One of the best ways to live longer is to reduce your likelihood of dying from a heart attack since it continues to be the #1 killer in America. If we could prevent heart disease tomorrow, it is estimated that the average life expectancy of every American would increase by ten years.
We are led to believe by extensive drug marketing that elevated cholesterol is the cause of heart disease. Unfortunately, about 50 percent of the people who are hospitalized with heart attacks have normal cholesterol levels. What’s more, 25 percent of people who develop premature heart attacks have no traditional cardiovascular risk factors at all. So what if cholesterol was only a minor, secondary player in developing heart disease?
The Cholesterol Hype
Cholesterol does have a role in heart disease, but it is a secondary factor that plays a far lesser role in fatal heart attacks than the marketing of drug companies leads you to believe.
It has been known since 2001 that oxidized LDL is a far better predictor for the development of atherosclerotic lesions than the traditional measurement of LDL (1). But it was also at this time that the first statin studies began to appear. This gave the pharmaceutical industry a patented drug to “prevent” heart disease but unfortunately statins could not specifically lower oxidized LDL. Furthermore, the LDL story was such an easy story to tell because it could be summarized “if your cholesterol levels are high, you are going to die”. That marketing statement ignored the fact that the most common drug (i.e. aspirin) to prevent heart attacks had no effect on reducing cholesterol. Today lowering LDL cholesterol (but not necessarily lowering oxidized LDL) is the number-one priority of every cardiologist in America.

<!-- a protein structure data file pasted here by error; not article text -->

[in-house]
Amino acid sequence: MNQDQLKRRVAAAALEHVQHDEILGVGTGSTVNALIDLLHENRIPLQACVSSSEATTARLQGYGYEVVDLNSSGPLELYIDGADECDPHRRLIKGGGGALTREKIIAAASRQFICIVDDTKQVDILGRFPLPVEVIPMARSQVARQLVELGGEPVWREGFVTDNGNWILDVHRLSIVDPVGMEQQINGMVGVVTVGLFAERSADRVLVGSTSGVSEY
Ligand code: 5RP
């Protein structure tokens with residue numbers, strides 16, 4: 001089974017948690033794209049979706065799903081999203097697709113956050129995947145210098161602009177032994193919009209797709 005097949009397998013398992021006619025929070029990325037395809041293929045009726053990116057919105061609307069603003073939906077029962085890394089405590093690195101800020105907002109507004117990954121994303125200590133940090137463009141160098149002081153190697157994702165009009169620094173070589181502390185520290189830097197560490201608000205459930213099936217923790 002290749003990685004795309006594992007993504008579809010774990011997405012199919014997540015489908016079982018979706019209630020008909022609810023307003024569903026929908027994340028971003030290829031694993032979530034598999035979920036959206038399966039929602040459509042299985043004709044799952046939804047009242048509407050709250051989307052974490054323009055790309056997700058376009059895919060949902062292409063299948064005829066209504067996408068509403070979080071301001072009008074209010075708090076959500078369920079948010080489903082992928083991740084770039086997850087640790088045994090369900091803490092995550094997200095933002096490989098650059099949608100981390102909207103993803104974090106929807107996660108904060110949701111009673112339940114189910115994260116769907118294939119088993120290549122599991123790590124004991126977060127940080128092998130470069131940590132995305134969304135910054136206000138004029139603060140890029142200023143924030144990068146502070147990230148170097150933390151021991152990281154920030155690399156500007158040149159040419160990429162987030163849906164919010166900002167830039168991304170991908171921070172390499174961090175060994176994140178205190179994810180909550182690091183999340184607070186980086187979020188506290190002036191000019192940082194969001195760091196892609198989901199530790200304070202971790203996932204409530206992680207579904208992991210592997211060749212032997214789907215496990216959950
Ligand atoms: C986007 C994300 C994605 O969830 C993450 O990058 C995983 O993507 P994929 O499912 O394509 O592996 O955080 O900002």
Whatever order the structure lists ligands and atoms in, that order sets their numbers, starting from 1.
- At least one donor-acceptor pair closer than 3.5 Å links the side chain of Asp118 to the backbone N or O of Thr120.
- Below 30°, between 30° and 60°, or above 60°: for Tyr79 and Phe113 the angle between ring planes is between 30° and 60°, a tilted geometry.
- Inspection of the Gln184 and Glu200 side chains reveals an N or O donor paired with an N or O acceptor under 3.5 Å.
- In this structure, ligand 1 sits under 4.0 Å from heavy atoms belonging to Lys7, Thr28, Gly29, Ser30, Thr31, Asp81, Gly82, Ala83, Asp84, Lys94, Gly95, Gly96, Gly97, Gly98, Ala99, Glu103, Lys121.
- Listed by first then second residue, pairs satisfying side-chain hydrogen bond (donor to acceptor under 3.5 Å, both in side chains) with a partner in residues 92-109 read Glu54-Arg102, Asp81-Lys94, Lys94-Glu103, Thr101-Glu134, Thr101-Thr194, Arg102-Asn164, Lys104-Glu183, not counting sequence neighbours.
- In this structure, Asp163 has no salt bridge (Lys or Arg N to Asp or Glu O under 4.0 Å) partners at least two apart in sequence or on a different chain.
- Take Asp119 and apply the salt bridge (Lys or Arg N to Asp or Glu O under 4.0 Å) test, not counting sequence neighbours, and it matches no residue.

Various epidemiological studies have found that increased serum cholesterol levels occur more often in heart disease patients. But that increase is only 5 to 10 percent higher in those who develop heart disease than those who don’t. This doesn’t help explain why about half the people who die from heart disease don’t have elevated LDL cholesterol levels (less than 130 mg/dl). It also means that high LDL cholesterol is not a very good predictor of heart disease. On the other hand, a very different picture emerges if you look at the levels of oxidized LDL levels. You can see a very striking relationship in the prediction of heart disease with increasing levels of oxidized LDL levels (1). Even so the best way to lower oxidized LDL is not a statin, but high-dose polyphenol extracts (2), since they have anti-oxidant properties to help combat oxidation.
Unresolved Cellular Inflammation: The Reason Heart Disease Kills
A heart attack is simply the death of the muscle cells in the heart due to lack of oxygen caused by a constriction in blood flow. If this lack of oxygen is prolonged, and enough heart muscle cells die, your heart attack becomes a fatal one. What causes that constriction in blood flow is the rupture of soft vulnerable plaques that line the artery. Although you can’t see them, when they rupture they release a mass of cellular debris that accelerates the clotting process to stop blood flow and therefore stop oxygen from being delivered to the heart.
The reason heart disease remains the primary killer of Americans is not due to cholesterol, but unresolved chronic inflammation in the arteries that causes these soft vulnerable plaques to rupture. You may be asking yourself, “What on earth is unresolved cellular inflammation?” This is simply inflammation that falls below the threshold of perceived pain. That’s what makes it so dangerous. You have no indication it is present and therefore you make no effort to reduce it. This inflammation results from an increased production of inflammatory mediators such as eicosanoids. Statins have no effect on reducing eicosanoid levels in the body.